Linwood: Mr. and Mrs. Gene Rescoe announce the birth of a daughter, Claudia Jean, Aug. 11, 1960; Mr. and Mrs. Donald Brock announce the birth of a son, Aug. 17, 1960.

Deaths: Linwood: Betty Ruth Honeycutt, 35, Eudora, died Aug. 16, 1960.

Births: Mr. and Mrs. Arnold (Gene) Schultz announce the birth of their daughter, Diane Sue, Aug. 21, 1960; Mr. and Mrs. Bernard Gast, Rural Route 1, Basehor, announce the birth of son, Timothy Alan, Aug. 18, 1960.

75 years ago: Aug. 1, 1935

Pioneer Settler Is Dead: Leavenworth County lost one of its pioneers Saturday when Mrs. Adeline Thompson died at the home of her daughter, Mrs. Kate Meinken. Mrs. Thompson came to Kansas at the age of nine years with her parents, Mr. and Mrs. Richard Chinn.

TL Ellis, age 92, died in Conway Springs. Funeral services took place July 21, 1935. Mr. Ellis had served in the Civil War and had cast his first vote for Abraham Lincoln.

A baby girl was born to Mr. and Mrs. John McCarty of Hoge Station on Monday morning.

Just-A-Thinkin’ (Walt Neibarger) If you want to see communism tried out right here in the United States, go over to this transient camp at Gardner and see this New Deal haven for the shirtless at taxpayers’ expense. They get $1 per week and board, which is about the wage level of the ideal communist state. When reds invade union labor to promote communism, labor will be betrayed to a philosophy of low wages and state compulsion.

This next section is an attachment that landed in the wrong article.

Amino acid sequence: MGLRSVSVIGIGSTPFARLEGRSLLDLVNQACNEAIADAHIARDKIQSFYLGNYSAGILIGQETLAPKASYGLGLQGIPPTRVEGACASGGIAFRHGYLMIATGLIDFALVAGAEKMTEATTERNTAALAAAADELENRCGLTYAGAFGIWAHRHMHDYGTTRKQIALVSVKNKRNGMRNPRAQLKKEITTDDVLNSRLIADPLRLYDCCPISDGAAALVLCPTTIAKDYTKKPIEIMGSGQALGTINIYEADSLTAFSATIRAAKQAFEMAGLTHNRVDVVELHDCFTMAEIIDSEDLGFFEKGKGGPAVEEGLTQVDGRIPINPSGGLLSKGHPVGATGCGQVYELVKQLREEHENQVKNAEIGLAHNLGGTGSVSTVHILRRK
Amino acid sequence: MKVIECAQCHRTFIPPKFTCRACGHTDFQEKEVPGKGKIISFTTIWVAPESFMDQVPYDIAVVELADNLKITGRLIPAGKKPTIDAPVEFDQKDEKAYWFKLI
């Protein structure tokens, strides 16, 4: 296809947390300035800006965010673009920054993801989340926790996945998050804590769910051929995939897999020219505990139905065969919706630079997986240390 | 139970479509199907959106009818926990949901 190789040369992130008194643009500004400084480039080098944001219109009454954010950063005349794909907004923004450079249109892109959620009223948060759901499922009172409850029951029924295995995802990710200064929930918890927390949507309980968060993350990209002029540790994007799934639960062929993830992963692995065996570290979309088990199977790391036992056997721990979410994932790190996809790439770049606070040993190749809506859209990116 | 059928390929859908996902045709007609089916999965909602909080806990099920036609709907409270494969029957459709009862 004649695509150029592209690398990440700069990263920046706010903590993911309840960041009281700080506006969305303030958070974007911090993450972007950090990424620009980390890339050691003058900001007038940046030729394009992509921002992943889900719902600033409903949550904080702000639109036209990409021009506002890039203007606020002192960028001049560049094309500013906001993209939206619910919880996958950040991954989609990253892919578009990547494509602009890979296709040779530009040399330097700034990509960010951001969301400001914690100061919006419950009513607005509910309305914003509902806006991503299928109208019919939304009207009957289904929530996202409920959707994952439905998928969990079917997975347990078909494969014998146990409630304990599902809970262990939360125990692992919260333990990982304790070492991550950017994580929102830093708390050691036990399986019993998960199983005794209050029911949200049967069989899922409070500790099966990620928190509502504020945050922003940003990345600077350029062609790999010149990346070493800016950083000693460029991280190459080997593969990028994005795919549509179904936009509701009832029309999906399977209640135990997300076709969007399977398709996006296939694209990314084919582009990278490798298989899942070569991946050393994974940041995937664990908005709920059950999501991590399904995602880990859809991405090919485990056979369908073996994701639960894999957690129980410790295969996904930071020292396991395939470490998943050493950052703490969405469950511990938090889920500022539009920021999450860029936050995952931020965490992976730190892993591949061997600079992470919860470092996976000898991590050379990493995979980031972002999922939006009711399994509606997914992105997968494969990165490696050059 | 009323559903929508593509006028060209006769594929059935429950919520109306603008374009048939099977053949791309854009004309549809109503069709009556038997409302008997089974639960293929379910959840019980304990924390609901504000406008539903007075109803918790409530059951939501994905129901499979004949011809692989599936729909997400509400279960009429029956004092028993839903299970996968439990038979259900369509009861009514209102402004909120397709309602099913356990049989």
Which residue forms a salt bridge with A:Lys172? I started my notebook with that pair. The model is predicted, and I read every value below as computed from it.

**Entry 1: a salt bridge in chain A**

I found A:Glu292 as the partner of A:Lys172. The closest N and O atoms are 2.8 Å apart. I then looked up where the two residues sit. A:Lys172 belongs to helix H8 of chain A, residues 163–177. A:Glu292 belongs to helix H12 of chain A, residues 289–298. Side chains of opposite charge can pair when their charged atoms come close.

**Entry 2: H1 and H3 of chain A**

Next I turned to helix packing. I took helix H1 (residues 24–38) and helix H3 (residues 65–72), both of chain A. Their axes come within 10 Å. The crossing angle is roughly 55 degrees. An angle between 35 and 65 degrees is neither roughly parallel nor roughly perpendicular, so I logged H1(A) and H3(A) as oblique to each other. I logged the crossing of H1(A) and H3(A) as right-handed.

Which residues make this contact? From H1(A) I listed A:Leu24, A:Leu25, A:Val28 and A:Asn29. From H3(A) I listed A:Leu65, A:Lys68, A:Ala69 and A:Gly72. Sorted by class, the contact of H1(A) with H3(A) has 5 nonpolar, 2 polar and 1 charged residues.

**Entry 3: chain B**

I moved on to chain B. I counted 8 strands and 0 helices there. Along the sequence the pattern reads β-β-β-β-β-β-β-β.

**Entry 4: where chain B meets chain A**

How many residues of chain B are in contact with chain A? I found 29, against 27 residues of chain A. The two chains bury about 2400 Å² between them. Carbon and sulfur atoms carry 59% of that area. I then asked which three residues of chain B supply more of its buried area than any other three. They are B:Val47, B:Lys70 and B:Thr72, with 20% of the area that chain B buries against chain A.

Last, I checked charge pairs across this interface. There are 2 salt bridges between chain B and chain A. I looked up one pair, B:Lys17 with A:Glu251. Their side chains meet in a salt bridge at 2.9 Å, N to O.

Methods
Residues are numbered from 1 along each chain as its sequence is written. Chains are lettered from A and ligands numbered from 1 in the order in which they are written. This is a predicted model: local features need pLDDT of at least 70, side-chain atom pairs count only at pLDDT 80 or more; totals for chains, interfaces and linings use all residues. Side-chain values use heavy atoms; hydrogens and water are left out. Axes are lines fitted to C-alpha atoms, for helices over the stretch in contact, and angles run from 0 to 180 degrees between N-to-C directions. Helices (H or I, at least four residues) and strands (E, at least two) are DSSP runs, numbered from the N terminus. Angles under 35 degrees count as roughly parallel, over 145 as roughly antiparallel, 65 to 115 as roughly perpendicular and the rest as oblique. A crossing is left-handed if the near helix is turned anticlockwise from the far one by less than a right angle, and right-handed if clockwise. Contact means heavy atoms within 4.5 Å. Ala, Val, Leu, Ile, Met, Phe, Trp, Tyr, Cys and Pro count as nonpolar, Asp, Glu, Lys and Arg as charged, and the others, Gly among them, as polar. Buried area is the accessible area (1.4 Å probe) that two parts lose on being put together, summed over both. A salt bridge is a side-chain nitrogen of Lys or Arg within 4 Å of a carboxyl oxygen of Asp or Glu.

For pure, unadulterated hardihood these fishermen from Bronson, Kansas, seem to take the palm leaf croix de guerre. One had an auto smash-up that made it necessary for Dr. WB Coe to take 23 stitches in his scalp and neck. And do you know that son-of-a-gun went right on fishin’.

100 years ago: Aug. 11, 1910

Owen Grady, a centenarian living four miles west of Tonganoxie with his daughter, Mrs. James McNulty, died at half past one o’clock Tuesday morning after an illness dating from last February. Mr. Grady was 100 years old last Nov. 20, according to his own statements, but the members of the family believed he was 105 years old then, for they say his memory had been defective of recent years and he has lost count; that they base their belief on the accuracy of the greater figures from statements he made years ago when he was a much younger man. Mr. Grady was a native of Ireland, who came to this country in 1840 with his wife and family.

50 years ago last Friday Mr. and Mrs. Henry Metz were united in marriage. Their friends wanted to observe the event but on account of the condition of Mrs. Metz a celebration was deemed inadvisable. The friends sent a number of presents and flowers.

Party who took parasol from post office will please return same.

It is rumored that because the election went his way a prominent Tonganoxie young man will soon bid adieu to celibacy.

Reese Cadwallader had old papers from the Ashton estate with census figures. In 1871 the population of Tonganoxie was 295, taken by Isaac Varney, then city clerk. The census for 1872 taken by T.B. Ashton, city clerk, gave a population of 337. At that time there was a village organization. Shortly after, the state law changed and all towns and villages became cities of different classes. Tonganoxie was organized as a village in 1871, and that above mentioned is probably the first census taken of it as a separate political body.